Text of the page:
The programme was called ‘Glass Houses’, the first episode of a 3-part series entitled, ‘Dreaming the Impossible: Unbuilt Britain’ which looks at stories behind some of the grandest (civic) designs that were never built. As the episode title suggests, this one covered how technological advances allowed designers, like Paxton in the 19th century, and then others in the 20th, to think of new ways to exploit the resulting materials, in this case, glass and cast-iron.
I’d never heard of it before but Paxton’s unbuilt design was called the 'Great Victorian Way', a ten- or eleven-mile covered thoroughfare around London, linking the main railway stations, crossing the Thames three times, tall and wide enough to allow foot and wheeled traffic on multiple levels, with shops and businesses along its length, just like any other thoroughfare, but enclosed by glass. There was even provision for a pneumatic railway!
Coming just four years after Paxton’s ‘Crystal Palace’ of 1851, there were plenty of images of not only that and the inevitable film-footage of its demise, but also of the ‘Great Conservatory’, or ‘Great Stove’, that he had built at Chatsworth in 1841 (and nigh-on the size of a football-pitch). Even though the programme covered other, later, designs and designers, Paxton seems to have been given the lions-share of the running-time, covering: his designs for the 'Great Victorian Way' and the ‘Crystal Palace’, modern Chatsworth and the maze that now exists within the base-wall of the ‘Great Conservatory’, the famous ‘Conservative Wall’ and a visit to his tomb on the Chatsworth estate. There's even a piece with Paxtons Great-Great-Granddaughter, Theodora Wayte.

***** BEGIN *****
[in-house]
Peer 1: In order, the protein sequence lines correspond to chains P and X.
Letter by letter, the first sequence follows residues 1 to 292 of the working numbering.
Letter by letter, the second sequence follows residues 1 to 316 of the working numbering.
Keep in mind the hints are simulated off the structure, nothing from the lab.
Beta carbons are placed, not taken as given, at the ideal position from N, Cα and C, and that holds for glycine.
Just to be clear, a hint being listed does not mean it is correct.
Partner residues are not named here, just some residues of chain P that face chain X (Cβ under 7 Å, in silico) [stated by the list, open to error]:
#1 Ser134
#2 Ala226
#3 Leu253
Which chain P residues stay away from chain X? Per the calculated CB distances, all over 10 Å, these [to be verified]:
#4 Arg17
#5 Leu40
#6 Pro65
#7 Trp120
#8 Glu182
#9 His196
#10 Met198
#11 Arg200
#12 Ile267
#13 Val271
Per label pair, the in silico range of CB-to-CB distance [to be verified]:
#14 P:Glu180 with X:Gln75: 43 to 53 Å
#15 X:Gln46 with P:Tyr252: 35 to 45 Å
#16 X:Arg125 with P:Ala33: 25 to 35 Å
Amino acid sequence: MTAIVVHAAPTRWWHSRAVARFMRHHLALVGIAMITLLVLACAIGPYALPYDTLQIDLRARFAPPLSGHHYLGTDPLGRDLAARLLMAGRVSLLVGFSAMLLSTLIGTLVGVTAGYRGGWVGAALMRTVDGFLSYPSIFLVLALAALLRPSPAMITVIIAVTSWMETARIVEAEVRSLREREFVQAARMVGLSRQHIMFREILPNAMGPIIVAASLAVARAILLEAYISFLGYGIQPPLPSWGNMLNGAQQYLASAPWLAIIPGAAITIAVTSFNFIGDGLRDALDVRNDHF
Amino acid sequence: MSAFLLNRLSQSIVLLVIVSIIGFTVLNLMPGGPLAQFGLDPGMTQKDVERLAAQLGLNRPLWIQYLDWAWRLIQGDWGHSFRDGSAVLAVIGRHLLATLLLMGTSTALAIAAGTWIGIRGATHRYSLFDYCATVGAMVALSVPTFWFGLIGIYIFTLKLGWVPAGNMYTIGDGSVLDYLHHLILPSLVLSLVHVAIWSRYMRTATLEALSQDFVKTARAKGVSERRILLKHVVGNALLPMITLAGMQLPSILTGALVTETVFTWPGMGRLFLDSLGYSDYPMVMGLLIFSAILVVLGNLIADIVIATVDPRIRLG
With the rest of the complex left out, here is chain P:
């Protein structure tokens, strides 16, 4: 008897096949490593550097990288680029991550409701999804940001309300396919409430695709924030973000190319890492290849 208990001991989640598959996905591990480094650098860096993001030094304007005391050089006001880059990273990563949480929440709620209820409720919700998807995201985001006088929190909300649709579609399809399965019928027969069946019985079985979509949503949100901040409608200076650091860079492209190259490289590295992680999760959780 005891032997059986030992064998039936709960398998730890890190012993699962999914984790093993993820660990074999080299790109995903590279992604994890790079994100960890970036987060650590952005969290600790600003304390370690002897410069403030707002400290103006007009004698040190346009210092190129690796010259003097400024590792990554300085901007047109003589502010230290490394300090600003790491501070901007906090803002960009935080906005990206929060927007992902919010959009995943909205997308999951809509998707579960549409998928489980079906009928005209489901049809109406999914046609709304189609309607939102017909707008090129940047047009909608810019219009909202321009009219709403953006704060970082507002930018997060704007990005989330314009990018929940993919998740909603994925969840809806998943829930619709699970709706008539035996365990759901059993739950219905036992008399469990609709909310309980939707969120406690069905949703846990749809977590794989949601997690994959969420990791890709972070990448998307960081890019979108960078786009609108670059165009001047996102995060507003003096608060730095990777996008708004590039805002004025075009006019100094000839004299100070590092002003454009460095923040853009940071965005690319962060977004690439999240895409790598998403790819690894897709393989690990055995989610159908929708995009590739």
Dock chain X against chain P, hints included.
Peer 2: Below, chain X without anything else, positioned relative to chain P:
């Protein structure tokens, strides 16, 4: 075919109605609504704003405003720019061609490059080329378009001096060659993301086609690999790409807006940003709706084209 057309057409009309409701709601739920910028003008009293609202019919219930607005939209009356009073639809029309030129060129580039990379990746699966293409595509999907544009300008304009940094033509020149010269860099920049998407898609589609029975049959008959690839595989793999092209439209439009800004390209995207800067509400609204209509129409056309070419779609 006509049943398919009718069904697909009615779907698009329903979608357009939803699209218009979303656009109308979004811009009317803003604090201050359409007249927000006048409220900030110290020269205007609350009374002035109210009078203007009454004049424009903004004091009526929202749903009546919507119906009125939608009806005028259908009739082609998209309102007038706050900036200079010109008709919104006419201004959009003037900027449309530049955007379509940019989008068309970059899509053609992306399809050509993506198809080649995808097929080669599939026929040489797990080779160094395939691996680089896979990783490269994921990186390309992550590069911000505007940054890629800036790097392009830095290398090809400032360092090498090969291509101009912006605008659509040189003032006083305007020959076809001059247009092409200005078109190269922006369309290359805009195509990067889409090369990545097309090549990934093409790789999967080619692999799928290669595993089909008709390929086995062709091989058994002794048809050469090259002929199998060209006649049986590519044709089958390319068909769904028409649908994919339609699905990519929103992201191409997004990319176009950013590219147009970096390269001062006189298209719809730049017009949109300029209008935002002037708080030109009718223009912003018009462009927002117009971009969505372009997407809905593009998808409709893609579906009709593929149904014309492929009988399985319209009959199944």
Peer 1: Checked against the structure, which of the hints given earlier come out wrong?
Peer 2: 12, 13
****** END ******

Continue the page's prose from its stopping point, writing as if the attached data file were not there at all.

Something that Paxton planned to employ on the 'Great Victorian Way' construction, as for the ‘Crystal Palace’, was the ‘ridge-and-furrow’ glazing method, the glass-roof equivalent to corrugated iron sheets. Apparently, he got the idea for ‘ridge-and-furrow’ from the rib-construction of giant water-lily pads, which he used to publicise the strength of his glasshouses by having his daughter, Annie, stand on a floating pad in the lily-house. He also used ridge-and-furrow on other glasshouses at Chatsworth, at the Devonshire’s Irish estate, Lismore Castle, and at Sir Morton Peto’s ‘Somerlyton Hall’, in Suffolk.
So, if you like a big glasshouse, this programme is for you. Find it on the BBC iPlayer for the next few weeks.
Click on the images, below, to show (L-R), The Great Conservatory, Ridge and Furrow Glazing at Lismore Castle, and Paxtons Conservative Wall with the Late Dowager Duchess of Devonshire and the then Head Gardener, Dennis Hopkins. Then below those, the 'Great Victorian Way'.